So who was your favorite teacher at school? The grizzled football coach? The shirtless principal? Or the demonic janitor that lived in the boiler room?
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It has been 28 years since the original River City Ransom released, and it finally has a proper sequel in Underground. I know, I know, some of you purists are saying, "But Jed, RCR had a ton of sequels and spinoff sports titles, they just didn't come to the USA other than River City: Tokyo Rumble."
While this is true, none of those games are true sequels to the game we know and loved growing up. The English version of River City Ransom was heavily localized to cater to a Western audience, meaning most everything dealing with Japan was removed and replaced with something a bit more American. The characters names were also changed from Kunio and Riki to Alex and Ryan. Essentially the game was whitewashed for the sake of sales.
River City Ransom: Underground is not only the sequel RCR fans have been waiting for but one of the greatest beat 'em ups of all time.
You can play as one of ten characters in story mode, each with unique move sets that can be unlocked via dojos scattered around the city. Unlike most beat 'em-ups that just feature a few basic moves, Underground gets quite deep to the point that it feels nearly like a fighting game more so than a button masher as you effortlessly pull off long and impressive combos that send multiple enemies flying through the air.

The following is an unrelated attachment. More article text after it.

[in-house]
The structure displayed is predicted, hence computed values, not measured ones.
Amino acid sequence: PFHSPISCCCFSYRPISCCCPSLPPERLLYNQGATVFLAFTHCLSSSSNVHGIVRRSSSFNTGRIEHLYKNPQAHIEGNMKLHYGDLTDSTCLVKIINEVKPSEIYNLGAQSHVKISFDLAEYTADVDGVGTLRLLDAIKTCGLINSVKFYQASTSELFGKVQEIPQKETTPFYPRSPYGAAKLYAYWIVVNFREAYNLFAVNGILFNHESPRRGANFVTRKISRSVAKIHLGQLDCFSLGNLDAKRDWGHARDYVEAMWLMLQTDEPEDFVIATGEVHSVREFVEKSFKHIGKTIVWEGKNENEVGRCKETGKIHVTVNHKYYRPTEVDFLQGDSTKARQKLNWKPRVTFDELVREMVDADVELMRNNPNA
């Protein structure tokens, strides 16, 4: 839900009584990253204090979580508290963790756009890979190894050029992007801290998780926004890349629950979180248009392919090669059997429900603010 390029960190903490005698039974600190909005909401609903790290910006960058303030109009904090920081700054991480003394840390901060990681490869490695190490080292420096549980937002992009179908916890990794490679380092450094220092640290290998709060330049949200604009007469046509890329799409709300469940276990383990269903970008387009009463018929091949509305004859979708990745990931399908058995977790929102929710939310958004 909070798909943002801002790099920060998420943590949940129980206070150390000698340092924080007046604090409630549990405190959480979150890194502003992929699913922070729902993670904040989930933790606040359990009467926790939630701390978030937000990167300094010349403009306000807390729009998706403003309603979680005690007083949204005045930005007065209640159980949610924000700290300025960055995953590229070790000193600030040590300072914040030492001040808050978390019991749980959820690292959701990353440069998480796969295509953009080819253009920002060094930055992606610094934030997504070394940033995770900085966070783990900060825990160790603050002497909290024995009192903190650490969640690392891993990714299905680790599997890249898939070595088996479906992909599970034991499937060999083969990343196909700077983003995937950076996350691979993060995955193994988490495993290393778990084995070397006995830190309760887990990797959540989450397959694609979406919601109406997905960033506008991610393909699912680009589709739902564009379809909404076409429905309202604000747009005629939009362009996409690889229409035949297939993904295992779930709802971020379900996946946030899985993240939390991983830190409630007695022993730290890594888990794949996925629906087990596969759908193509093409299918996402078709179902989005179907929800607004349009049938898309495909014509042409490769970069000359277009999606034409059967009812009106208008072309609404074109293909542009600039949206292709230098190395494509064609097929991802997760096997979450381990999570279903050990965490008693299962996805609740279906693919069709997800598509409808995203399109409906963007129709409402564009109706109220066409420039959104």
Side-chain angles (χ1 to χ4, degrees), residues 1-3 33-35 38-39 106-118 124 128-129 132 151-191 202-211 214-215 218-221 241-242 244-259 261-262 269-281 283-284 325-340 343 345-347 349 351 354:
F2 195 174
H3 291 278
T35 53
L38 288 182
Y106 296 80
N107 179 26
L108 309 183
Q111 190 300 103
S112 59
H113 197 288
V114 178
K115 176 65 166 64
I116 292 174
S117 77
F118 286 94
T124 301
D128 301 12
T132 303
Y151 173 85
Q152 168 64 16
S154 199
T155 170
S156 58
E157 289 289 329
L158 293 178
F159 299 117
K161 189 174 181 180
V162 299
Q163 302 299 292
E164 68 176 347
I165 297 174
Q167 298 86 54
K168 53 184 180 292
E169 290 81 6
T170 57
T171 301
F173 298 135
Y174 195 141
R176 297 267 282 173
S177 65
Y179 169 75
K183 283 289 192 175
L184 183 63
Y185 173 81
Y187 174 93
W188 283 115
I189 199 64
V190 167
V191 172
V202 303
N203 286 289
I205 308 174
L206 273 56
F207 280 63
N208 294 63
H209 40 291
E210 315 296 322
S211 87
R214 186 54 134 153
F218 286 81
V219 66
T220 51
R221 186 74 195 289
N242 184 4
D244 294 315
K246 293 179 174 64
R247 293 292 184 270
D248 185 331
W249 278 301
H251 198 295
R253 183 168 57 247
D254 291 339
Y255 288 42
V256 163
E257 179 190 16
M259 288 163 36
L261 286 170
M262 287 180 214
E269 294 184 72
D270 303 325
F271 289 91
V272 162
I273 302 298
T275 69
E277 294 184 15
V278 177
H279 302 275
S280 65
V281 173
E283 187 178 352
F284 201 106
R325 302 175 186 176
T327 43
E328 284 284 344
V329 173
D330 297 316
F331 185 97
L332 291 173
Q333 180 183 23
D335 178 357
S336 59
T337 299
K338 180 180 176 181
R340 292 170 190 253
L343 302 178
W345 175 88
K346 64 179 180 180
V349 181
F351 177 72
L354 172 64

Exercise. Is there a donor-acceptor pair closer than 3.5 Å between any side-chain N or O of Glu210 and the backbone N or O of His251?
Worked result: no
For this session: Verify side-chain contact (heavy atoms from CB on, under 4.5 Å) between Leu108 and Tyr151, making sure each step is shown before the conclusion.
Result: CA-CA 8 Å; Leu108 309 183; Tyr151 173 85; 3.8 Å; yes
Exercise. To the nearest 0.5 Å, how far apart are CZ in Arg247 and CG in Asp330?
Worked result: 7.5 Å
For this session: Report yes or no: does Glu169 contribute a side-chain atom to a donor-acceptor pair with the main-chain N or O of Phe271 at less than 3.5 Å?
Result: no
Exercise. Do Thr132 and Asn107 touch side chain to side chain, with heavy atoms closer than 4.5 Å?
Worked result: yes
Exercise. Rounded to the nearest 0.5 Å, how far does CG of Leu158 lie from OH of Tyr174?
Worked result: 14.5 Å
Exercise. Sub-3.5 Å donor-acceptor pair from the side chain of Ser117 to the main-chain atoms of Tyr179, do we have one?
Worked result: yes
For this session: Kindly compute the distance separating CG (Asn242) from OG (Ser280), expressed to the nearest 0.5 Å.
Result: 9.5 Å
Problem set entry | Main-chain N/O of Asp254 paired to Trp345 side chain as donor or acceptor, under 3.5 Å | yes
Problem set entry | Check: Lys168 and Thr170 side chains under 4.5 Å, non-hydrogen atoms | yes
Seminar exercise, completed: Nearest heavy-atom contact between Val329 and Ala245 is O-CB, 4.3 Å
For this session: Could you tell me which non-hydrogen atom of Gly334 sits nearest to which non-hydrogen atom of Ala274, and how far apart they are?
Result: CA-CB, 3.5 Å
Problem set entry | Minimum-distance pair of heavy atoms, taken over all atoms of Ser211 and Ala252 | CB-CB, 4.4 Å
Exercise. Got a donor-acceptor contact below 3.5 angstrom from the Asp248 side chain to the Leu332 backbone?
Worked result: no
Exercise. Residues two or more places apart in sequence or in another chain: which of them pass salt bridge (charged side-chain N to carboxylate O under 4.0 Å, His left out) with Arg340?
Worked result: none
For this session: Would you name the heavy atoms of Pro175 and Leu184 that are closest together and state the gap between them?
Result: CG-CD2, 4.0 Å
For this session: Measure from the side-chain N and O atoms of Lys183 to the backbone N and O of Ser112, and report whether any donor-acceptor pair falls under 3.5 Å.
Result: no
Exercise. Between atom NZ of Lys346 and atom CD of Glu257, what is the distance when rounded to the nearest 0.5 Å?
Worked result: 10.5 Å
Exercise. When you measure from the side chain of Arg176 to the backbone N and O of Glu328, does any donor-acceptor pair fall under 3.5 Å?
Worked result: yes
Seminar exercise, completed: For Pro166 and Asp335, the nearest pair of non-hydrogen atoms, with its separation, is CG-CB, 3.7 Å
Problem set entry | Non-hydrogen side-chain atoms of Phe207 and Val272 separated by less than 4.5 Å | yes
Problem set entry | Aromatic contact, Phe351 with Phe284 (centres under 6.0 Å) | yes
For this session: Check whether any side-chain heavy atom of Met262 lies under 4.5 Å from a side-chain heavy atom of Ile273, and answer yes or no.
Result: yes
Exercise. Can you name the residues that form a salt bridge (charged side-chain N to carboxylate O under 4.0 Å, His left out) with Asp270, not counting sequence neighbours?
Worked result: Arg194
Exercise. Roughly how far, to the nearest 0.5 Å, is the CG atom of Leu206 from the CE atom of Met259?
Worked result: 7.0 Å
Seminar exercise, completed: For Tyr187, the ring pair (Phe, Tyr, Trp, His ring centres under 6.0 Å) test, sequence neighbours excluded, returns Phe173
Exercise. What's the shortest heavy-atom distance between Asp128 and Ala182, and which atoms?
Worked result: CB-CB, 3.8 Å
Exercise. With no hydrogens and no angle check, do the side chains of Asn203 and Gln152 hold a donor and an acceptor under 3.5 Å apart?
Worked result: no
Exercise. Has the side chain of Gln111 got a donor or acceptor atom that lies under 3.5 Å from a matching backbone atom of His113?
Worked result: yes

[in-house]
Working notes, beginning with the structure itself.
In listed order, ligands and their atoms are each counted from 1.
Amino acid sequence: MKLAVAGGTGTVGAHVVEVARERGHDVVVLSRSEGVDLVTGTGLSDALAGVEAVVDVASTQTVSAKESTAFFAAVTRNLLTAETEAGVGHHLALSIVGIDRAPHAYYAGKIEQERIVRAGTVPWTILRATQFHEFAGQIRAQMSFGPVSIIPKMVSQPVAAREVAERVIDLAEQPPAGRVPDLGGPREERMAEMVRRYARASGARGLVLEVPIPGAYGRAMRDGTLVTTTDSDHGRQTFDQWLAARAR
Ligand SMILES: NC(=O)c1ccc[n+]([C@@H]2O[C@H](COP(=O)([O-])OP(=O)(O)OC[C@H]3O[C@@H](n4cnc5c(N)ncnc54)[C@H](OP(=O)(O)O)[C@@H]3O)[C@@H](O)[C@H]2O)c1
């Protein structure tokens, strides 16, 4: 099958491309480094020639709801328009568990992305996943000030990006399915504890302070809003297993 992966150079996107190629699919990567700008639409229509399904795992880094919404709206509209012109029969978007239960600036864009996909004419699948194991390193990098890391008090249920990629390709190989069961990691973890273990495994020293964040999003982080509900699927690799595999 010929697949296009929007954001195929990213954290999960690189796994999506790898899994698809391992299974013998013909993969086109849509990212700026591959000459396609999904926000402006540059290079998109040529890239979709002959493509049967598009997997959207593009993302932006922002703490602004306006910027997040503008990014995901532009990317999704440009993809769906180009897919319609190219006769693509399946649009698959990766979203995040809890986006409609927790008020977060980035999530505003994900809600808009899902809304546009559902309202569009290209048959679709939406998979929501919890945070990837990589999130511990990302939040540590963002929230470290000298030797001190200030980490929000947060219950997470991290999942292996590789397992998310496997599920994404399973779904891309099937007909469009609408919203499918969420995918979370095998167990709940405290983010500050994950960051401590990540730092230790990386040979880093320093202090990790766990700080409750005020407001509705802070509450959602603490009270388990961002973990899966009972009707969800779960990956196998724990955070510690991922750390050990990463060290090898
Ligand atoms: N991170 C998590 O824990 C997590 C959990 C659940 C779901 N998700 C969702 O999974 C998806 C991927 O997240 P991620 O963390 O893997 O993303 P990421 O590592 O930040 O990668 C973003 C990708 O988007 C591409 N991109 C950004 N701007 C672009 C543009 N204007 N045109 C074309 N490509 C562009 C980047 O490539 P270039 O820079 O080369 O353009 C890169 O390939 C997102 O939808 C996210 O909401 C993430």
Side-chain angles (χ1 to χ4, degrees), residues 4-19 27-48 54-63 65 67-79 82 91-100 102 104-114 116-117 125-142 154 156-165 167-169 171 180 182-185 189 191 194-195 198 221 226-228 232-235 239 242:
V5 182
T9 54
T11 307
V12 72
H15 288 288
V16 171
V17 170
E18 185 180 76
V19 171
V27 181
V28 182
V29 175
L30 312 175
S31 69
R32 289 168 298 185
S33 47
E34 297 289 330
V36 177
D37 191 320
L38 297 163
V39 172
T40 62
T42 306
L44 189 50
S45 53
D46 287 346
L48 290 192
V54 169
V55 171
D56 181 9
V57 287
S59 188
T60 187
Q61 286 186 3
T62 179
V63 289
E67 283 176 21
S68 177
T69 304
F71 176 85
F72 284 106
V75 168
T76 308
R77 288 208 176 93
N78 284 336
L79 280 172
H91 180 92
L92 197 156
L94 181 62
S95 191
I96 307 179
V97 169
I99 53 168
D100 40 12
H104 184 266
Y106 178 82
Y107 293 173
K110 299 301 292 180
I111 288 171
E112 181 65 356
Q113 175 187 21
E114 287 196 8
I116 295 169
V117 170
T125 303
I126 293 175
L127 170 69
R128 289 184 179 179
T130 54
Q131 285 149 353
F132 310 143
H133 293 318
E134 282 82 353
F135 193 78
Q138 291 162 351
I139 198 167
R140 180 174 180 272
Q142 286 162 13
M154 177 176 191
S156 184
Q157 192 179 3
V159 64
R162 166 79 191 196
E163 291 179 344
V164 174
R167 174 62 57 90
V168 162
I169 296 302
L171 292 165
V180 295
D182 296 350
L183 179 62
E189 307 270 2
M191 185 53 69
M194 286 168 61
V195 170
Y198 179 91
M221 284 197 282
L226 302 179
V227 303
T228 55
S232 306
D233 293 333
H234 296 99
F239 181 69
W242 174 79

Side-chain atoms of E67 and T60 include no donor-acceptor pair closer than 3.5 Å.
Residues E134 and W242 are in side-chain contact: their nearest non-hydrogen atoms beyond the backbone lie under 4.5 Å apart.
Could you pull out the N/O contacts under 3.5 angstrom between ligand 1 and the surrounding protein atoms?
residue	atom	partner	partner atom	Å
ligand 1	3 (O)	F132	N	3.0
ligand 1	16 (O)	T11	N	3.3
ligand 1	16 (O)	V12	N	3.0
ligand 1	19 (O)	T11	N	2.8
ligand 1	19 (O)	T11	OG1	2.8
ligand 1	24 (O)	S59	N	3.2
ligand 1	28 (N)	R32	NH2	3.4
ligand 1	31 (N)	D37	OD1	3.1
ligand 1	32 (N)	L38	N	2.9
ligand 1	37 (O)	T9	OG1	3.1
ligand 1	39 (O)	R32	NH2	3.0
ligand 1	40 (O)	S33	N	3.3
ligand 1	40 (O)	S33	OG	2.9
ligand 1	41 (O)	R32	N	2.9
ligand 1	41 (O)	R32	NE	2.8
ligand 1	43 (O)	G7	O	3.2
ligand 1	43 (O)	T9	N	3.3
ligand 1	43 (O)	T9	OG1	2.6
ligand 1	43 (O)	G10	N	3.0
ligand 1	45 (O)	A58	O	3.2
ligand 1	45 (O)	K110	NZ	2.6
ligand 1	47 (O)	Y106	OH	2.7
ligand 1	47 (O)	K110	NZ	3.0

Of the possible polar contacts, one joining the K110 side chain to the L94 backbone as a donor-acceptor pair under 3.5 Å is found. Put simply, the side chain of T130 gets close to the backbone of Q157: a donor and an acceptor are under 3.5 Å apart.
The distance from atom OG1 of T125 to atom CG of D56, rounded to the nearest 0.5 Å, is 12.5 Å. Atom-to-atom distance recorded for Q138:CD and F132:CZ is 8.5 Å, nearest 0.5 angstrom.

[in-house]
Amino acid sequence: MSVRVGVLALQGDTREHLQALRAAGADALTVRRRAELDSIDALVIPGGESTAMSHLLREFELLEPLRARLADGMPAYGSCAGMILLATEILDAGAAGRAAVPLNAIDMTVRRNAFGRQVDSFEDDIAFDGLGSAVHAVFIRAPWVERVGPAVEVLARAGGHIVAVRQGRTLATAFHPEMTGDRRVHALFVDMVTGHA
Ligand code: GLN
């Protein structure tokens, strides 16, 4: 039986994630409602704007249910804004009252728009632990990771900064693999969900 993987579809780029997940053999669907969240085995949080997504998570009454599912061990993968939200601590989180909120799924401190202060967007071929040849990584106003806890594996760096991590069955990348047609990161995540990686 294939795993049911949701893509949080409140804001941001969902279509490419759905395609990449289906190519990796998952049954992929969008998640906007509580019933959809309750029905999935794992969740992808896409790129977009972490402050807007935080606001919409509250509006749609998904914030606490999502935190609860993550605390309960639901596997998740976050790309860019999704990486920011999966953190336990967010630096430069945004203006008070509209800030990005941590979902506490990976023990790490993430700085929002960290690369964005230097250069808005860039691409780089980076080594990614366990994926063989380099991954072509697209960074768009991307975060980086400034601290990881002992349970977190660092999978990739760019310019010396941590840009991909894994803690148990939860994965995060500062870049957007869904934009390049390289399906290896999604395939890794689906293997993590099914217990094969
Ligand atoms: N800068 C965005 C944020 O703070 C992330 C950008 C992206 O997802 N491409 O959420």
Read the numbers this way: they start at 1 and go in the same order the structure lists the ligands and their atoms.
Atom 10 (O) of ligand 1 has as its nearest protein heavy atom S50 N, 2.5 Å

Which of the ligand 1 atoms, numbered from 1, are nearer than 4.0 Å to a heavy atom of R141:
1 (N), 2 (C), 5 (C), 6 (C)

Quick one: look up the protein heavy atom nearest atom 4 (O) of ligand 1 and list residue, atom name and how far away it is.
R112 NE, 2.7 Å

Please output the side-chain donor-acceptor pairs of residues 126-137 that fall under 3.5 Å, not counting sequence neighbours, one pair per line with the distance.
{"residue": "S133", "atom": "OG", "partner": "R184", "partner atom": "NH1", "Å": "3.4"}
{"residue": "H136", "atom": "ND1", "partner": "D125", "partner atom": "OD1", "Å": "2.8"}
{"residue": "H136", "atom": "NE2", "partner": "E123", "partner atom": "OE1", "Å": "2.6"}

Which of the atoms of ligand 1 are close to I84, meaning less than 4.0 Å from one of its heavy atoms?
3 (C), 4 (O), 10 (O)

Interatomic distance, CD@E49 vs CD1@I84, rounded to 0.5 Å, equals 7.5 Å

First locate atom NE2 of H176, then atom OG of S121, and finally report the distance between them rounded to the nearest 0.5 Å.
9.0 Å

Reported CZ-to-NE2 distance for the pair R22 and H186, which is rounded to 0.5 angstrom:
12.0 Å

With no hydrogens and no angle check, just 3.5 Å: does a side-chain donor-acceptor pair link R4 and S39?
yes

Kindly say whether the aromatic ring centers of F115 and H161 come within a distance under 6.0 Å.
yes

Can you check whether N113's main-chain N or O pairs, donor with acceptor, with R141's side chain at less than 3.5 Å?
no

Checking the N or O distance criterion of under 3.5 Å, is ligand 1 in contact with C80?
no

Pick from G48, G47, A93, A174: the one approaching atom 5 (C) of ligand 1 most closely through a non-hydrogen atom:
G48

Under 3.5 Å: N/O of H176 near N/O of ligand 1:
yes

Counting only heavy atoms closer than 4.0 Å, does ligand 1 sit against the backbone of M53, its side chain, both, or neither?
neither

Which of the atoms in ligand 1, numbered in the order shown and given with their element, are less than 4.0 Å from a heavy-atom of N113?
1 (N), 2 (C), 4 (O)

Not only can you bash through the story mode with up to four players online or locally, but you can also challenge them to battles in an arena fighting mode that has its own stages and seemingly every character including enemies and bosses as unlockable characters.
The good bits of nostalgia you'd expect to find are here too, like beautiful pixel art with characters and locations that feel like they belong in the RCR world, and a soundtrack by one of my favorite sometimes chiptune based artists, Disasterpeace.
River City Ransom: Underground was worth the wait, and hopefully we don't have to wait nearly three decades for the next one. The look, feel, and humor of the original is here with a new in-depth fighting system that feels fresh yet familiar while being deeper than basically every other game in the genre. I can't say for sure that Underground is the best beat 'em up of all time, but it deserves its place at the table with RCR, Golden Axe, Final Fight, and Scott Pilgrim vs. The World. May the year 19xx live on forever!